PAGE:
Torres, Rutherford Introduce Bipartisan Resolution in Recognition of National Night Out
ONTARIO, CA – U.S. Representatives Norma J. Torres (D-CA) and John Rutherford (R-FL) have introduced H.Res.1040, a bipartisan resolution recognizing Tuesday, August 7, 2018 as National Night Out. National Night Out is an annual, nationwide event that promotes neighborhood camaraderie and community-police partnerships.
“Every year, National Night Out offers neighbors and law enforcement an opportunity to come together and foster trust and a greater sense of community,” said Torres. “We all have a duty to stay engaged and look out for one another. As a former member of my neighborhood watch, I’ve seen firsthand how National Night Out promotes cooperation between residents and the police, and in turn, builds stronger, safer communities.”
“For the last 35 years, National Night Out has successfully helped build a sense of trust between our local law enforcement agencies and the communities they serve,” said Rutherford. “As a career law enforcement officer myself, I know just how important this is to keeping our neighborhoods safe. When I was sheriff for more than a decade in my hometown of Jacksonville, Florida, I made engaging the community a top priority for my officers. When our neighbors and our law enforcement officers build personal, trusting relationships, it creates strong, safe communities for everyone. I’m proud to support the mission of National Night Out and thank those who work to make it happen each and every year.”
During National Night Out, neighborhoods across the country join their local law enforcement agencies to host block parties, festivals, cookouts, and other community events along with demonstrations by emergency personnel, seminars, and exhibits.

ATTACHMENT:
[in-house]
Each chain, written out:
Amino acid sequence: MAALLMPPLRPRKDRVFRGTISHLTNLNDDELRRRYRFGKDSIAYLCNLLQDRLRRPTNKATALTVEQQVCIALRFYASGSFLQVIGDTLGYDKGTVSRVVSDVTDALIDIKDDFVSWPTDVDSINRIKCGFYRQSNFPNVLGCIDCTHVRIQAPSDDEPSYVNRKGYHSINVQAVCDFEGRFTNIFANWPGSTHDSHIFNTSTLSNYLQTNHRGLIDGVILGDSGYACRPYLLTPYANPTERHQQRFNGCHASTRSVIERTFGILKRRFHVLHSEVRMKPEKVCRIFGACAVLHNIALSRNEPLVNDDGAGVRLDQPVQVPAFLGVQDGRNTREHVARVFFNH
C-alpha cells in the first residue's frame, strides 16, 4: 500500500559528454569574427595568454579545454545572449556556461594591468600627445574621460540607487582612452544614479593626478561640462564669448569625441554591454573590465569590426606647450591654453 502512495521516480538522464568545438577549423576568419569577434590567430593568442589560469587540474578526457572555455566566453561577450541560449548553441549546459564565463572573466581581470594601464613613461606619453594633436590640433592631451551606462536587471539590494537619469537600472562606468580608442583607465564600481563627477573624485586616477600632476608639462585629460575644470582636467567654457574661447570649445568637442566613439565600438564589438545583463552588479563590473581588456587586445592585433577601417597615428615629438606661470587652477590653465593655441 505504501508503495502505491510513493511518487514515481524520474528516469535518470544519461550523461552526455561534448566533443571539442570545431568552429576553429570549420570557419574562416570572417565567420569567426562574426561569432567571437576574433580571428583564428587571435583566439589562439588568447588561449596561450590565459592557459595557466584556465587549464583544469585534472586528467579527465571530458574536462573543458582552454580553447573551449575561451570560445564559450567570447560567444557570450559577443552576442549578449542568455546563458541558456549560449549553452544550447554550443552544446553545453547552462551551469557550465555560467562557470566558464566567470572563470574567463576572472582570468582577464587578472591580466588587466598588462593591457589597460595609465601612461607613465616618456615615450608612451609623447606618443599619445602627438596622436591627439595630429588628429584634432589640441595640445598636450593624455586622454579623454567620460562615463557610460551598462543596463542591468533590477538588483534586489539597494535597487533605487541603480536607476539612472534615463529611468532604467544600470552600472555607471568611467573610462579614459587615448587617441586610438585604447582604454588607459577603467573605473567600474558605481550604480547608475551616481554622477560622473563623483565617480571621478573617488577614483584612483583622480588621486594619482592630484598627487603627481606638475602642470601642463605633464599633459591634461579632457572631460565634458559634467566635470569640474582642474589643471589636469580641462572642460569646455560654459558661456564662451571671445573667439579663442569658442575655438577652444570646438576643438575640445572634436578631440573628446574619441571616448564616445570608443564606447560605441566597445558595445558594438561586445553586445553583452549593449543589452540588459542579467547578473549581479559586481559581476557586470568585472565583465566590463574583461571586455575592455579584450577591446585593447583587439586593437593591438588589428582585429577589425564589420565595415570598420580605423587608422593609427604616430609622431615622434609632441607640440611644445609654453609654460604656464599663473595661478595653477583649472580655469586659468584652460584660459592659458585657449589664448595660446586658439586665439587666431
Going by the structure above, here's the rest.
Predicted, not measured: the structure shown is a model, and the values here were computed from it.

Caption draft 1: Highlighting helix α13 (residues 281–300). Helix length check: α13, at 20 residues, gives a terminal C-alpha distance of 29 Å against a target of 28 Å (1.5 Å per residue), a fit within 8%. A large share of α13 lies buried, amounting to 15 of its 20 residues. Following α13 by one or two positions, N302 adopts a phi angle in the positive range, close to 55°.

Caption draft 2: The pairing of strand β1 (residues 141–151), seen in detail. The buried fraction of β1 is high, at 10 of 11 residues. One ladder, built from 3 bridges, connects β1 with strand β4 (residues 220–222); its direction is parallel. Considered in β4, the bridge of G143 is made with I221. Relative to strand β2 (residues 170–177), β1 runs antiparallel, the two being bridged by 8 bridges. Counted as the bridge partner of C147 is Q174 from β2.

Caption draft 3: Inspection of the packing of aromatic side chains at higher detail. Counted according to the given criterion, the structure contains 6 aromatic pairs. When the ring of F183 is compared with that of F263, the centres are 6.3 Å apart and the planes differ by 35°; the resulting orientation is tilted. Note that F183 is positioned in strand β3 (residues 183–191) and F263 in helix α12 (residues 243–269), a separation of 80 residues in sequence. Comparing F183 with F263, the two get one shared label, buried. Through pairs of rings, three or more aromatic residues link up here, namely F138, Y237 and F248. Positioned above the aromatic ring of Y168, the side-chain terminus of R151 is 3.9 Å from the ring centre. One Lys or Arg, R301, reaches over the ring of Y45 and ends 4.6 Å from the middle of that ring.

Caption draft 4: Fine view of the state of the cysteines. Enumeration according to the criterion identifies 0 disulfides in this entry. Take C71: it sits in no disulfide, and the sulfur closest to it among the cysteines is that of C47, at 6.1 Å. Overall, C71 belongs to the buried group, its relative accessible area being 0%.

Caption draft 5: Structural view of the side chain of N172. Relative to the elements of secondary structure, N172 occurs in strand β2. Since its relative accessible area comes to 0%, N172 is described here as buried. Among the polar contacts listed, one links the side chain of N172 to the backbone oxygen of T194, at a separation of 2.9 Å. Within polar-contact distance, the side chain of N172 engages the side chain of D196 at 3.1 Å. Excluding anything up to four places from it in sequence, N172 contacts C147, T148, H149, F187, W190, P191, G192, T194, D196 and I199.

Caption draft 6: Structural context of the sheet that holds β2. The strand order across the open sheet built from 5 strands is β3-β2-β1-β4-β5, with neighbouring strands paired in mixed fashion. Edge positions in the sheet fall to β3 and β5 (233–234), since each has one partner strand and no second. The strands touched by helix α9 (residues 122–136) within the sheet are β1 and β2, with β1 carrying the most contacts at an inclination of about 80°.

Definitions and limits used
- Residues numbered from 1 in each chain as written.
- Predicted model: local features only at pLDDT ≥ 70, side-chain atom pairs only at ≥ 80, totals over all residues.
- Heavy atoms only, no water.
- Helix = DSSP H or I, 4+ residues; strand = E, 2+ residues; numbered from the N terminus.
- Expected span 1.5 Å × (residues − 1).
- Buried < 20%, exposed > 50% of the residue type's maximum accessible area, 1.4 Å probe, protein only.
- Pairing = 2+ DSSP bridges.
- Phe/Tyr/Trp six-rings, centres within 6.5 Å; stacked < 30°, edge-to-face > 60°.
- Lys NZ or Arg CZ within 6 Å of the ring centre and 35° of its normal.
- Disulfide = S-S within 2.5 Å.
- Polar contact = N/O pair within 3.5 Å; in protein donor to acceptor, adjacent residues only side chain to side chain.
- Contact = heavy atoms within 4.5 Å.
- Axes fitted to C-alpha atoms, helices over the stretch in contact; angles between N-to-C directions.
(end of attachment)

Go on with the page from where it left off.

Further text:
In addition to getting to know their local law enforcement officers and taking part in their own neighborhood watch groups, constituents are encouraged to consider the following helpful tips to help prevent crime and promote safer neighborhoods:
- Lighting is one of the most important crime deterrents. Consider installing lights on a timer to give would-be thieves the impression that people are home.
- Follow your instincts. If you think someone is following you, switch directions or cross the street. If the person continues to follow you, move quickly toward an open store, restaurant, lit house, or more populated area.
- Make sure your family, especially children, know when and how to dial 9-1-1.
- Help your child memorize their own address and phone number.
- Look up your local police and emergency services departments and keep important phone numbers in an easily accessible location.
- Only use 9-1-1 is cases of emergency. Direct non-emergency calls to 3-1-1 or the appropriate non-emergency number in your community to help keep 9-1-1 lines open for true emergencies and life-threatening situations.
Prior to serving in Congress, Torres spent more than 17 years working as a 9-1-1 dispatcher and Rutherford spent 41 years in law enforcement, 12 of which he served as Sheriff of Duval County, Florida.